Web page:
Twelve months ago, I gave a major speech to the Orewa Rotary Club about the National Party’s commitment to welfare reform.
I noted that 30 years ago the number of working-aged adults on a benefit in New Zealand was fewer than 40,000, whereas in 2005 the figure was over 300,000, despite the economic buoyancy induced by some of the strongest export prices in a generation.
I spoke of the need to insist that able-bodied adults be doing some form of work, or be in training, in return for ongoing support from taxpayers.
I spoke of the need to assist those who sometimes find it hard to get a job to get their foot in the door by introducing a three month trial period during which either party can agree that employment can be ended without penalty.
I spoke of the need to be sure that the hugely increased numbers of those drawing the sickness and invalids’ benefits are actually entitled to those benefits.
I spoke of the need to ensure that the Domestic Purposes Benefit does not work to discourage paternal responsibility for children, or to encourage more and more children to grow up in single-parent families.
I spoke of the need to ensure that all those receiving taxpayer support recognise their reciprocal obligations to taxpayers – by taking part in community service or retraining, and by ensuring their children attend school and receive appropriate medical check-ups.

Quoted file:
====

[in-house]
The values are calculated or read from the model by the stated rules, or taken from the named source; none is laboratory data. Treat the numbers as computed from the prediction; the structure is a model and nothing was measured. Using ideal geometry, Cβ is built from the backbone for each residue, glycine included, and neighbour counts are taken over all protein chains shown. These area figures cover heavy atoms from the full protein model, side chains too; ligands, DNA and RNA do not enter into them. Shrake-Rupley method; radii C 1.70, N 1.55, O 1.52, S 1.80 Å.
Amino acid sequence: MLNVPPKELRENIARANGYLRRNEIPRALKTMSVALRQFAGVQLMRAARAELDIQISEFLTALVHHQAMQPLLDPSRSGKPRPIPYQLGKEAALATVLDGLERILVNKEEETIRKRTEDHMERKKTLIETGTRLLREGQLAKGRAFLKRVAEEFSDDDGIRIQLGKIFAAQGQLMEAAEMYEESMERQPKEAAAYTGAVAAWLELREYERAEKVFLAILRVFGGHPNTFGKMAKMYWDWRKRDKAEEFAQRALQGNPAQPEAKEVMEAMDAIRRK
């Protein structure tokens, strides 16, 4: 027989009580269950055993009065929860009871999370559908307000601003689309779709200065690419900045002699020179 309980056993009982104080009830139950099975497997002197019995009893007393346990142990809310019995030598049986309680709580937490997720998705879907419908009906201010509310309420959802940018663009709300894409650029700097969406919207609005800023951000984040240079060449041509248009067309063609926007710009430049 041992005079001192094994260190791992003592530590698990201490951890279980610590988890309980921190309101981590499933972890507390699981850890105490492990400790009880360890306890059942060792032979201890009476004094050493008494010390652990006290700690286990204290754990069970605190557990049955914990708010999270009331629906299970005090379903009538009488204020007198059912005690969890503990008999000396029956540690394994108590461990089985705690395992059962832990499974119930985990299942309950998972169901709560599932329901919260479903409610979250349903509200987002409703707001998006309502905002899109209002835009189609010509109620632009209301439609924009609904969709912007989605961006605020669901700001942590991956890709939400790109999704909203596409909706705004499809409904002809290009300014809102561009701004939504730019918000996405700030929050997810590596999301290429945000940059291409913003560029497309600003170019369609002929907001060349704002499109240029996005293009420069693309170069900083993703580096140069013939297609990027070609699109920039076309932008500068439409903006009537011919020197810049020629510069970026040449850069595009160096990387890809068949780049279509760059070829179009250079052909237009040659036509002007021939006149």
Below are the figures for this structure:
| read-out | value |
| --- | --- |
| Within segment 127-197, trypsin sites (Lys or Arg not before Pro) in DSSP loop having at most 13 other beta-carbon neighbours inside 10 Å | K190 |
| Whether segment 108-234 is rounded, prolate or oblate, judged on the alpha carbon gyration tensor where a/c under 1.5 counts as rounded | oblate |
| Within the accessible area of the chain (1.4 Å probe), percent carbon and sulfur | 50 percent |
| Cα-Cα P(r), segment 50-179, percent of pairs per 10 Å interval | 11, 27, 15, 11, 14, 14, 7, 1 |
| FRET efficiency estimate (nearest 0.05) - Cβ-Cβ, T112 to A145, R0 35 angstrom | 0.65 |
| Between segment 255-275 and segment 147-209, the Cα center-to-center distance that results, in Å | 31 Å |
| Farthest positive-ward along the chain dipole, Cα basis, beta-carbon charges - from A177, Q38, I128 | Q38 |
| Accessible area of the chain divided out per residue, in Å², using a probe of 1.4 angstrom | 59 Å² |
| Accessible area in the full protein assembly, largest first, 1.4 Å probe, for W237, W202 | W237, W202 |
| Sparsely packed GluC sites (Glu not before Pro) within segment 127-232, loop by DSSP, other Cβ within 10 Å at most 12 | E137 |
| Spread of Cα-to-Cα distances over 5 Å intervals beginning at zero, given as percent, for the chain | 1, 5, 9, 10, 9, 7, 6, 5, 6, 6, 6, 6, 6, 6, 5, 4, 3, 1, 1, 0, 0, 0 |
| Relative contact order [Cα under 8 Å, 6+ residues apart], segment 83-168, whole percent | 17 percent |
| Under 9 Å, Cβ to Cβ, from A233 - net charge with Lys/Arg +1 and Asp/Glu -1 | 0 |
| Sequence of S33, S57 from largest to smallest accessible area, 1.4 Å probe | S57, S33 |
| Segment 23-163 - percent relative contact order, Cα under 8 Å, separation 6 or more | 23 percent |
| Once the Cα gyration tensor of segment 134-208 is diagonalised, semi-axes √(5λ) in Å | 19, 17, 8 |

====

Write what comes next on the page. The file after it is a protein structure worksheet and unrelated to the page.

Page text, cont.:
I was dismayed to find that many people saw this policy as mainly about saving money. Well, saving money, especially when it belongs to taxpayers, is a worthy objective, and I was conscious of the fact that welfare was costing the ordinary hard-working Kiwi something like $50 each and every week. It is totally unfair to expect hard-working New Zealanders to shoulder that kind of burden if it can be avoided, or at least reduced.
But welfare reform was always about much much more than saving dollars, important though that is. And I was reminded of that during the holiday period when I read a book called “The Welfare State We’re In”, by James Bartholomew.
The book takes a hard look at how the welfare system has worked in the United Kingdom over recent decades. It is the most devastating critique of the welfare state I have ever read. After looking at the way in which income support, the National Health Service, the state education system and subsidised housing work, the book contends that in the UK the welfare system has worked to the detriment of the very people it was designed to help.
My hunch is that the situation in New Zealand is not as serious, but even assuming it is only half as bad, it is clear that the way in which the welfare system operates does very considerable damage to many of those it is designed to help.
Yes, I would like to save the average Kiwi worker a large chunk of the $50 a week she is now paying towards the welfare system, but my main reason for being strongly committed to reform of the welfare system is that I am not prepared to sentence one in eight of our entire population – 300,000 working-age adults and their quarter of a million children – to years and years, in some cases a lifetime, of dehumanizing, degrading, and ultimately demoralizing dependence on a taxpayer hand-out. With the exception of those with permanent physical or mental impairment, nobody should expect to live indefinitely on the generosity of the taxpayer. Such dependence is damaging to the taxpayer but even more damaging to the recipient.
Leader of the National Party